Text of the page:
Next Moves For Allergan After Pfizer Deal Falls Apart

| About: Allergan plc (AGN)
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Allergan needs to focus on building up its pipeline and finding value in existing products.

The deal was killed because of new rules, making corporate inversions less attractive.

Look for AGN to acquire in order to expand its pipeline.

Allergan's (NYSE:AGN) shareholders are in a limbo after Pfizer (NYSE:PFE) announced that it was not going to go through with the merger. This leaves AGN's shareholders scrambling to try and find a fair value for the company. The company dropped substantially in trading yesterday, and I expect that after the announcement, it will drop substantially today. This should leave shareholders wondering what is next for the future of the company.

Why Pfizer Backed Out

Pfizer backed out of the deal due to new rules surrounding corporate inversions. These rules made it much harder and less profitable for Pfizer to acquire (or more precisely, technically to be acquired, even though PFE would be the remaining entity) Allergan. The rules had regulations that seemed to specifically take target at the circumstances surrounding the inversion between Allergan and Pfizer. For example, one of the rules was that when analyzing the inversion, the assets acquired by the foreign company over the last three years through acquisitions would not count. This rule seemed to be specifically built to go after Allergan, which has grown substantially through multiple acquisitions over the last three years. This decreases the size of Allergan and creates a problematic ownership structure if Pfizer had decided to continue to go along with the inversion.

Another key regulation, which helped to lessen the benefits of the inversion, was the profit-stripping regulations, in which the Treasury Department made it harder for a company to be able to strip profits from a US subsidiary and transfer those profits to a foreign headquarters in order to avoid taxes. With these regulations in place, the tax benefits of the deal became substantially lower than what Pfizer initially had in mind, so for the company, it seemed to make sense for them to back out of the Allergan deal. PFE will have to pay AGN a rather small sum of $150 million in order to back out of the deal.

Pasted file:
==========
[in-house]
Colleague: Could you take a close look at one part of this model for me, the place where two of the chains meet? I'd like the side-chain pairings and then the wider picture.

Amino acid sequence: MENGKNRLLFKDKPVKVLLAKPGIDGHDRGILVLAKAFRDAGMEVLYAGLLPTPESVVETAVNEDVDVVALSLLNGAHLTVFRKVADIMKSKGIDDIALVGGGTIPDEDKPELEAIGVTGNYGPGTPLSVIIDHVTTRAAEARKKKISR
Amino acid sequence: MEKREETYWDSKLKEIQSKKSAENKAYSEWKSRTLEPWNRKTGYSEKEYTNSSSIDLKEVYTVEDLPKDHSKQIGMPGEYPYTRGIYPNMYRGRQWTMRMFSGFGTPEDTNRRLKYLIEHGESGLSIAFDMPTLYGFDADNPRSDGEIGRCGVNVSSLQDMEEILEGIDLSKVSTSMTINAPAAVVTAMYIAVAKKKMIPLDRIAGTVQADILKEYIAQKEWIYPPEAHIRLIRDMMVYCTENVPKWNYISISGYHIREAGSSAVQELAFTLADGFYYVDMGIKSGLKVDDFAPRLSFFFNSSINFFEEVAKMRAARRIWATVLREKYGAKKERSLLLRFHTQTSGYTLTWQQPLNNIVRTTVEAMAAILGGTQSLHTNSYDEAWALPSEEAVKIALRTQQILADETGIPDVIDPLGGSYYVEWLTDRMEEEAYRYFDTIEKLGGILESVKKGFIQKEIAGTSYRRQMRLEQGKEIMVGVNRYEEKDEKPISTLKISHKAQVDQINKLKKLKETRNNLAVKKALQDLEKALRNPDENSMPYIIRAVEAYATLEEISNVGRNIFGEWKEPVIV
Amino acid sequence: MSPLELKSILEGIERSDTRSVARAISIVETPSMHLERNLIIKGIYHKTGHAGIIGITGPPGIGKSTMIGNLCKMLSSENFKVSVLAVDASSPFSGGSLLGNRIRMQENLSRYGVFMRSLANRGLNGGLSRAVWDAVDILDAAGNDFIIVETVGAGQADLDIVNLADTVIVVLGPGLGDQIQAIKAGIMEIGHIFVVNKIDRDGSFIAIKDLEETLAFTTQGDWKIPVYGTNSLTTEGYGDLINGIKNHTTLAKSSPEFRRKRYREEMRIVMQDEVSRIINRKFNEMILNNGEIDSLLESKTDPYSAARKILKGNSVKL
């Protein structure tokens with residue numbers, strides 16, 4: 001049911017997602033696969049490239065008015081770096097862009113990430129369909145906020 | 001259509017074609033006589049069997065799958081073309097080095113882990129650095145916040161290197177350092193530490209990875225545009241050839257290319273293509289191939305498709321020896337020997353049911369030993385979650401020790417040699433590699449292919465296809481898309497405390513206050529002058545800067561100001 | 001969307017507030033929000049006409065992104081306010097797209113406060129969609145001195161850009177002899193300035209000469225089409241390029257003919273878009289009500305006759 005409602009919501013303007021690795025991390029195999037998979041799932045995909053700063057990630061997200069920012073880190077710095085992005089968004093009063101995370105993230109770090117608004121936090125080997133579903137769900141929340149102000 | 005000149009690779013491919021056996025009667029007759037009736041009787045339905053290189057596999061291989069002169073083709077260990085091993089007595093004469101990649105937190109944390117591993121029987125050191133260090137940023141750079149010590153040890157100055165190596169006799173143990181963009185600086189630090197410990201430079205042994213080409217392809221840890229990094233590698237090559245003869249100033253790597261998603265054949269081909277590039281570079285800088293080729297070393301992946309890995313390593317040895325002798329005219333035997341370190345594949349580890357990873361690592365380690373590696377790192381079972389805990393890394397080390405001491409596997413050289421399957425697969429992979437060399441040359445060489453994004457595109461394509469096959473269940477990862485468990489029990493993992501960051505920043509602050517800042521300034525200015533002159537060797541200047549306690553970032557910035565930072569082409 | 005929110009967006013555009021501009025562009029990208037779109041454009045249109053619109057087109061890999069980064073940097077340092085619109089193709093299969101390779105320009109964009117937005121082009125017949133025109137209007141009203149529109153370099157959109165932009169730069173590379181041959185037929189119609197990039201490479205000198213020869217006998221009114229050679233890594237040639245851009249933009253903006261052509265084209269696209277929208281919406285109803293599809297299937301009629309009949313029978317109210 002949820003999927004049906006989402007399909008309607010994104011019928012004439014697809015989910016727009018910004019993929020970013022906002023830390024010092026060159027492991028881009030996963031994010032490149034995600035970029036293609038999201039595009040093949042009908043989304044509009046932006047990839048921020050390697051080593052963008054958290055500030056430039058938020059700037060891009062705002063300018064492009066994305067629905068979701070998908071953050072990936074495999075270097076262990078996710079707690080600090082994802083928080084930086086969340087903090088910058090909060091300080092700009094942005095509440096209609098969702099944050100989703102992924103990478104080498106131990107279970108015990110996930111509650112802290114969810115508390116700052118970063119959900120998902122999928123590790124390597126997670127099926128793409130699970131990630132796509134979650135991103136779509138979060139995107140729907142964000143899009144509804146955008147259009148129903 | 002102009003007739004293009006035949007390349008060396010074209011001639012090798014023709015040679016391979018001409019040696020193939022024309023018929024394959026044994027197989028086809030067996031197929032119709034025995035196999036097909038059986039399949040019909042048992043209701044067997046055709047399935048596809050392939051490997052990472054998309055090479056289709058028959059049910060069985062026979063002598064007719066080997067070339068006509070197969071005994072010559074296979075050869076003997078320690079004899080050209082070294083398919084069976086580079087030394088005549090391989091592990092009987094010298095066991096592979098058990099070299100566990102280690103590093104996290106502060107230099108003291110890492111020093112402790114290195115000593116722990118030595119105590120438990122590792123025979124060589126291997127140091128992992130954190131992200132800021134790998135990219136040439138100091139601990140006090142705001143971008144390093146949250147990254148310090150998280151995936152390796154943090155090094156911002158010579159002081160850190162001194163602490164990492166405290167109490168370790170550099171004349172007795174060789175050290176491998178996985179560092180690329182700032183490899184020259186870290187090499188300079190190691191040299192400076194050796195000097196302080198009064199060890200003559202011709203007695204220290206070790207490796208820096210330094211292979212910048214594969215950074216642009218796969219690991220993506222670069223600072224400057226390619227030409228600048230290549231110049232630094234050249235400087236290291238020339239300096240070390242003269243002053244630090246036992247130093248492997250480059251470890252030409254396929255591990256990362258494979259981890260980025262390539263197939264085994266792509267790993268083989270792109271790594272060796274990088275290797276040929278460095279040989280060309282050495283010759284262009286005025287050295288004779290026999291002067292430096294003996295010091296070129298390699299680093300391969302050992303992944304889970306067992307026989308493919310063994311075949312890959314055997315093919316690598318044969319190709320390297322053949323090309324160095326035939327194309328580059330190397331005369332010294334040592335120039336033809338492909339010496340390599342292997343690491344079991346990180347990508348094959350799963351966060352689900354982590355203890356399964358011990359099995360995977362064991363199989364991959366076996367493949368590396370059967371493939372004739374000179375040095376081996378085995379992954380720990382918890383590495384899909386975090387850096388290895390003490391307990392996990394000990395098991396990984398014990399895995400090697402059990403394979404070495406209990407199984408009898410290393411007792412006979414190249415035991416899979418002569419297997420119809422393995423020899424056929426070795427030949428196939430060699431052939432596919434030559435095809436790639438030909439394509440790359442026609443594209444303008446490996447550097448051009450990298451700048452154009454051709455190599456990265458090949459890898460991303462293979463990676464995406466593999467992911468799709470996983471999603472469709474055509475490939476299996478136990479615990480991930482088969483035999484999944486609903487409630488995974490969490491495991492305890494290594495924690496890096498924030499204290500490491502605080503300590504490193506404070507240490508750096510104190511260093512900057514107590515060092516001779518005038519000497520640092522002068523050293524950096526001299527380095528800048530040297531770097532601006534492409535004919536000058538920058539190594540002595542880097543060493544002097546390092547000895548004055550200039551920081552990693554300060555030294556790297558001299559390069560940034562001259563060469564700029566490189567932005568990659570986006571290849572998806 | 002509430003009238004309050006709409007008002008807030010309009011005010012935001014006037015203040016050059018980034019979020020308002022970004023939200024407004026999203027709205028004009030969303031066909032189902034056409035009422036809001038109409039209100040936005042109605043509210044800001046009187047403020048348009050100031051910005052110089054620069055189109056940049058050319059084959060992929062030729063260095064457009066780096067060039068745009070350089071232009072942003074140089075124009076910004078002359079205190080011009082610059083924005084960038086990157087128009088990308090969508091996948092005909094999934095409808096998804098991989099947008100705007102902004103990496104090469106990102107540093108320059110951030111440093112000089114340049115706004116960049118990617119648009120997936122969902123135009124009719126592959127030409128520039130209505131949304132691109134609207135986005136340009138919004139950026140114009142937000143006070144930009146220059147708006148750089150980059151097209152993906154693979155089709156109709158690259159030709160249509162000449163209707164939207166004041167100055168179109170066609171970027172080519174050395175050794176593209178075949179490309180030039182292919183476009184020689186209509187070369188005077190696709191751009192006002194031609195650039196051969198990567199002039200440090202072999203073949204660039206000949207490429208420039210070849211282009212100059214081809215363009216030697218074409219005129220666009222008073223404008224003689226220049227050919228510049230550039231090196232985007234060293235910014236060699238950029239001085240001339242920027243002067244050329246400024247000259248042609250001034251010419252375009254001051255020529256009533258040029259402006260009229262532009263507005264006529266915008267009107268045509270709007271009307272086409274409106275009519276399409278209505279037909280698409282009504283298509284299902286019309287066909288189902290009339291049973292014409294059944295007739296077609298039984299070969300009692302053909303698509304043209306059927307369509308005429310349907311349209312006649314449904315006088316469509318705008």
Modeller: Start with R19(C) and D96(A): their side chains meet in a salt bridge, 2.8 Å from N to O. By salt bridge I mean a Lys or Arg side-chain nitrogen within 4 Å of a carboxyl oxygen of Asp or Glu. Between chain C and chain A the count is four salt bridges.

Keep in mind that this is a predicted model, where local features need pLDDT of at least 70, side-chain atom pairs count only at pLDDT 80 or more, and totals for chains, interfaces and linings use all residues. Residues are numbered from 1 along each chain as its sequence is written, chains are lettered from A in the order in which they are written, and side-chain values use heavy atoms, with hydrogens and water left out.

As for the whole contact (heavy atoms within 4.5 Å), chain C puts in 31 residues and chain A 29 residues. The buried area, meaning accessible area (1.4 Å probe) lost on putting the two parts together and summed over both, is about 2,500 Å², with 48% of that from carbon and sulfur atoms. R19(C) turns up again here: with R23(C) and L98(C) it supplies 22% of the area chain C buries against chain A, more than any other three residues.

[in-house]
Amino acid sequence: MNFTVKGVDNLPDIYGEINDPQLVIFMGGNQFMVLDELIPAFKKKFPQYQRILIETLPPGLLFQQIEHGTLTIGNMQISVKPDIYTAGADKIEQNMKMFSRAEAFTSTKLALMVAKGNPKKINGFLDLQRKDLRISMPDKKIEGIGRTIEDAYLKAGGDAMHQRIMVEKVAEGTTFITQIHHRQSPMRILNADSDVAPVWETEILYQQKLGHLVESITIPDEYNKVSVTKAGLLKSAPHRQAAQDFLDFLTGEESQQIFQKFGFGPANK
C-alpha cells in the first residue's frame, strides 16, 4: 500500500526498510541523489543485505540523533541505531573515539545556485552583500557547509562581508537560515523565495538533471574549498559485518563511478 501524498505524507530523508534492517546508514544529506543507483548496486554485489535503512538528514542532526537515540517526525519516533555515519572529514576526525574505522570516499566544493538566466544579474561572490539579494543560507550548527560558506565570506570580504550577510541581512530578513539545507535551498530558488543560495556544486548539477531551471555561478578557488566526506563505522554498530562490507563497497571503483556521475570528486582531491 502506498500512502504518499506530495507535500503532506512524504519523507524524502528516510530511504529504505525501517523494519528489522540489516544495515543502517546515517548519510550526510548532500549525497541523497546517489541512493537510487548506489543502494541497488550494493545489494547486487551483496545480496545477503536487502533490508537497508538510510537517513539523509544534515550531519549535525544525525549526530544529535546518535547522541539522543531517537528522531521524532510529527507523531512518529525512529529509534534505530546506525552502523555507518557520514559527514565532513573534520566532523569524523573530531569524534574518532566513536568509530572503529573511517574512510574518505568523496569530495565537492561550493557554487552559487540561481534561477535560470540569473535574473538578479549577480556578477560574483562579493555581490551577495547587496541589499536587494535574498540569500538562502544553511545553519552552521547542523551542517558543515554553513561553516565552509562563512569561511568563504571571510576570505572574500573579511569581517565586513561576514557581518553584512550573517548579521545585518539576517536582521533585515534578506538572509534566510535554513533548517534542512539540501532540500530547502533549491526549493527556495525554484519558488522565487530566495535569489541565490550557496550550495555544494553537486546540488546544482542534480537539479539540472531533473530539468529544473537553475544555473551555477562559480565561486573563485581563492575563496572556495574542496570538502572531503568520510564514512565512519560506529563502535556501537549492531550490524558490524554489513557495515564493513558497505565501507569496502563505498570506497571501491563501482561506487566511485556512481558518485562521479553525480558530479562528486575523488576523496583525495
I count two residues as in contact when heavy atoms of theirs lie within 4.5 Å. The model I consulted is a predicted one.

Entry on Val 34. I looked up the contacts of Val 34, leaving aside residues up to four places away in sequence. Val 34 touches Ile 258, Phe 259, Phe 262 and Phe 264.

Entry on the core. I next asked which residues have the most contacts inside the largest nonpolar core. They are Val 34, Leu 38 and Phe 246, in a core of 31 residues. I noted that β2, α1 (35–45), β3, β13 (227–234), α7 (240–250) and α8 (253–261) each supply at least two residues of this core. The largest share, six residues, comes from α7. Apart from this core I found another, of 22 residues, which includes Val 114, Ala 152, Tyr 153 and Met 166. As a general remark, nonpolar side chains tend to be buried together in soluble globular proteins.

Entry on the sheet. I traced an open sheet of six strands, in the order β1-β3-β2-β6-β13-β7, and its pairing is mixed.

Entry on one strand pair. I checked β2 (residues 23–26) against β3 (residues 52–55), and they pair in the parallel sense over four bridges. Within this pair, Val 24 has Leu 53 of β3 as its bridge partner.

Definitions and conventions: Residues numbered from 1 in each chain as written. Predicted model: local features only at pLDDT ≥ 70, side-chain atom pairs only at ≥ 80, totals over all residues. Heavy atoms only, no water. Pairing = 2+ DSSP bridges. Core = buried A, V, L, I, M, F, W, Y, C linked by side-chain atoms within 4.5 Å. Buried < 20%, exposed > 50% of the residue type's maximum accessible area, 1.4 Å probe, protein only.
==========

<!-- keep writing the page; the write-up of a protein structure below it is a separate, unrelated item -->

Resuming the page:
Next Steps for Allergan

Allergan is going to have to get ready to operate as its own company, something that it is obviously very skilled at doing. AGN seems to have a pipeline that is substantially undervalued compared to the rest of the industry, and this pipeline should be a focus of investors now that Allergan is, at least for the time being, a standalone company.

AGN has multiple products in development that are projected to be blockbusters, including Rapastinel, a drug that is being developed for the treatment of depression. Rapastinel has the potential to grab substantial market share, should it be approved, as it has the potential to start working within hours rather than the weeks typically required for standard treatments. This means that a patient would feel relief quicker, which is of substantial medical benefit when treating depression. Some other drugs that investors should keep their eye on are Vraylar, which was recently approved, and Relamorelin, which is a drug that would be the first in a few decades, approved to empty food from the stomach. Allergan needs to take actions to show the investment community the depth of its pipeline in order to help restore the value of AGN as a standalone company. In terms of executing on the sales potential for the company, it already showed substantial progress in the fourth quarter of 2015, where it grew earnings by 95% when compared to the fourth quarter of 2014.

Over the long term, however, the company may have to look at even more acquisitions in order to expand its pipeline. These acquisitions could be accretive to shareholders and would make sense if AGN wanted to continue operating as its own company. Allergan will also need to focus on earnings growth out of its key product lines, and especially out of some of its new products like Vraylar, which according to its projections, has the potential to generate well over $1 billion in sales. Allergan will need to focus on quickly restoring the investor confidence while at the same time plotting a reasonable course for the future. This could involve seeing if Allergan can attract interest from any other large pharma companies.


Investors need to now shift their focus onto the value of Allergan as a stand-alone company rather than the inflated value of AGN as part of a merger. The company will have to focus on rapidly building up its pipeline of drugs and making sure to unlock value for investors. I would expect for Allergan to look at a couple of strategic acquisitions in order to expand its pipeline.

Disclosure: I/we have no positions in any stocks mentioned, and no plans to initiate any positions within the next 72 hours.

I wrote this article myself, and it expresses my own opinions. I am not receiving compensation for it (other than from Seeking Alpha). I have no business relationship with any company whose stock is mentioned in this article.